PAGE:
At the Ecole des Beaux Arts Anker recieved prices for figure drawing. An January 25 and June 21 he won a third-place medal and on January 30 1858 he was again awarded a medal. Once again he had a painting, Hiob und seine Freunde (Job and his friends) at the Schweizerischer Kunsverein''s Turnus exhibition in Bern. With a few exceptions he took part regularly in the series until 1902. Anker spent the summer in Brittany.

During the fall, Anker spent a few weeks in Biberach in the black forest, Germany.

Anker was admitted to the Paris Salon with his Dorfschule im Schwarzwald (Village school in the böack forest). Until 1885 he usually had one or two paintings shown there. From the summer of 1859 until late1860 he spent time in Ins and Bern, due to his father's illnes. At his parents home in Ins he set up an attic studio.

On 25 May Anker's father died. For the first time, four of Anker's works were shown at the Exposition de la Société des Amis des Arts in Neuchâtel, and from then on, he regularly had several work in this series until 1905.

In April he spent a few weeks in Herbley (Val.d'Oise, France), and the summer in Ins. During the autumn he went to Italy for the first time, in company of François Ehrmann. They visited Milan, Venice, Mantua, Parma, Modena, Bologna and Florence, where Anker caught typhus. In early 1862 he returned via Marseille to the home of his aunt, Charlotte Anker-Dardel in St. Blaise. In Italy he copied works of old masters and made several modern looking Aquarells.

On January 19 he moved to another mansard room in Paris. In April he was again in Herbley. He recieved an Honorable Mention at the Paris Salon. This was the first year in which the Salon des Refusés, organised by the painter ....., took place, parallel to the official Salon. Manet's Déjeuner sur l'hewrbe excited great attention there.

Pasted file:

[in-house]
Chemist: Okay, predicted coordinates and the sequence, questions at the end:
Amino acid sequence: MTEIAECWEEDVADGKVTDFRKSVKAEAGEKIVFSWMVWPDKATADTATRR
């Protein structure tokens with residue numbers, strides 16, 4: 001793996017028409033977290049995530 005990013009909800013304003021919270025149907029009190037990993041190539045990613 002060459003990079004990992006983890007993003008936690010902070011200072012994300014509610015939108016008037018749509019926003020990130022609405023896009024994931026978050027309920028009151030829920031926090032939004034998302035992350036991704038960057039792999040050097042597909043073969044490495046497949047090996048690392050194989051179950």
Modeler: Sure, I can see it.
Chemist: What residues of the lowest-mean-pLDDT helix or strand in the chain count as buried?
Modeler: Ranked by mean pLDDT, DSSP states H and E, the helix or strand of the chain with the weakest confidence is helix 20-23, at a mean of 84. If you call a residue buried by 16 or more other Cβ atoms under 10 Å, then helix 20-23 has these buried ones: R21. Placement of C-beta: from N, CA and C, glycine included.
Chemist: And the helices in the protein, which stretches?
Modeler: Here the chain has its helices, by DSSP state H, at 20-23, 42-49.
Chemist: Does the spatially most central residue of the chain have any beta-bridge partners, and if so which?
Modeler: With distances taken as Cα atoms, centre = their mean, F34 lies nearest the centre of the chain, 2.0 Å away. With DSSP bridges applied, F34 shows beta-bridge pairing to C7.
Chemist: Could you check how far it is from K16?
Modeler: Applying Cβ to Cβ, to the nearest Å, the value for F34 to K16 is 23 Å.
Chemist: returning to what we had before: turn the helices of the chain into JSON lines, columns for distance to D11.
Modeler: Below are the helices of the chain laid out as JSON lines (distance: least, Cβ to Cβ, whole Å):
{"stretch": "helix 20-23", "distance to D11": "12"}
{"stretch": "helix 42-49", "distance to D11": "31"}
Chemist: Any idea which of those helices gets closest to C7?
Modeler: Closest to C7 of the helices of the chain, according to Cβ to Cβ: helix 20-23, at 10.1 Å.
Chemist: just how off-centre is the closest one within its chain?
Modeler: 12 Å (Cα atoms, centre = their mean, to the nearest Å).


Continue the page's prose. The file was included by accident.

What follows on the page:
Albert Anker beim Malen

He spent the summer with Albert de Meuron in the Bernina region. On december 6, in Twann, Anker married Anna Ruefli (1835-1917), daughter of a btcher, Sigmund Gottlieb Ruefli, of Lengna, who lived in Biel. Anna had spent several years as a governess in Russia. She had been a schollmate of Anker's dead sister Louise.

In August Anker spent a short while in Stans with a fellow painter, Alfred Dumont (1828-1894). Both artists spent a great deal of time with painter Edouard Hunziker (1827-1901). Birth of his first Daughter Louise (christened September 22, 1865, + 1954), who later married Maxilian Oser of Basel in 1884.

Anker won a Golden Medal at the Paris Salon. His paintings that year were Im Walde (In the forest, now at the Musée de Lille) and Schreibunterricht (Writing instruction). On April 6 he made his first note of a payment from the brothers Deck, a Parisian faience company. Anker did faience painting until 1892. He noted regular payments from them until 1894, and the final balance was paid in 1905, when the company closed.

With financial assistance from the governement, the Schweizerische Kunstverein acquired Die Gemeindeversammlung (the municipal assembly) dated 1865. Birth of his son, Franz Adolf Rudolf (christened July 28, 1867), who died in Ins on August 25, 1869 at the age of only 2 years. Anker spent the winter of 1867-68 with his family in Ins.

On fabruary 29 Anker became President of the newly founded Ins Men's Choir. He was a member of the Gesellschaft Schweizerischer Maler und Bildhauer (Society of Swiss painters and sculptors. He served as Vice President of the central office from 1869-70, as auditor in 1887 and as President in 1898. In Paris Anker moved into a new studio at 73, rue Notre-Dame-des-Champs, which he shared until 1873 with his painter friend Hirsch.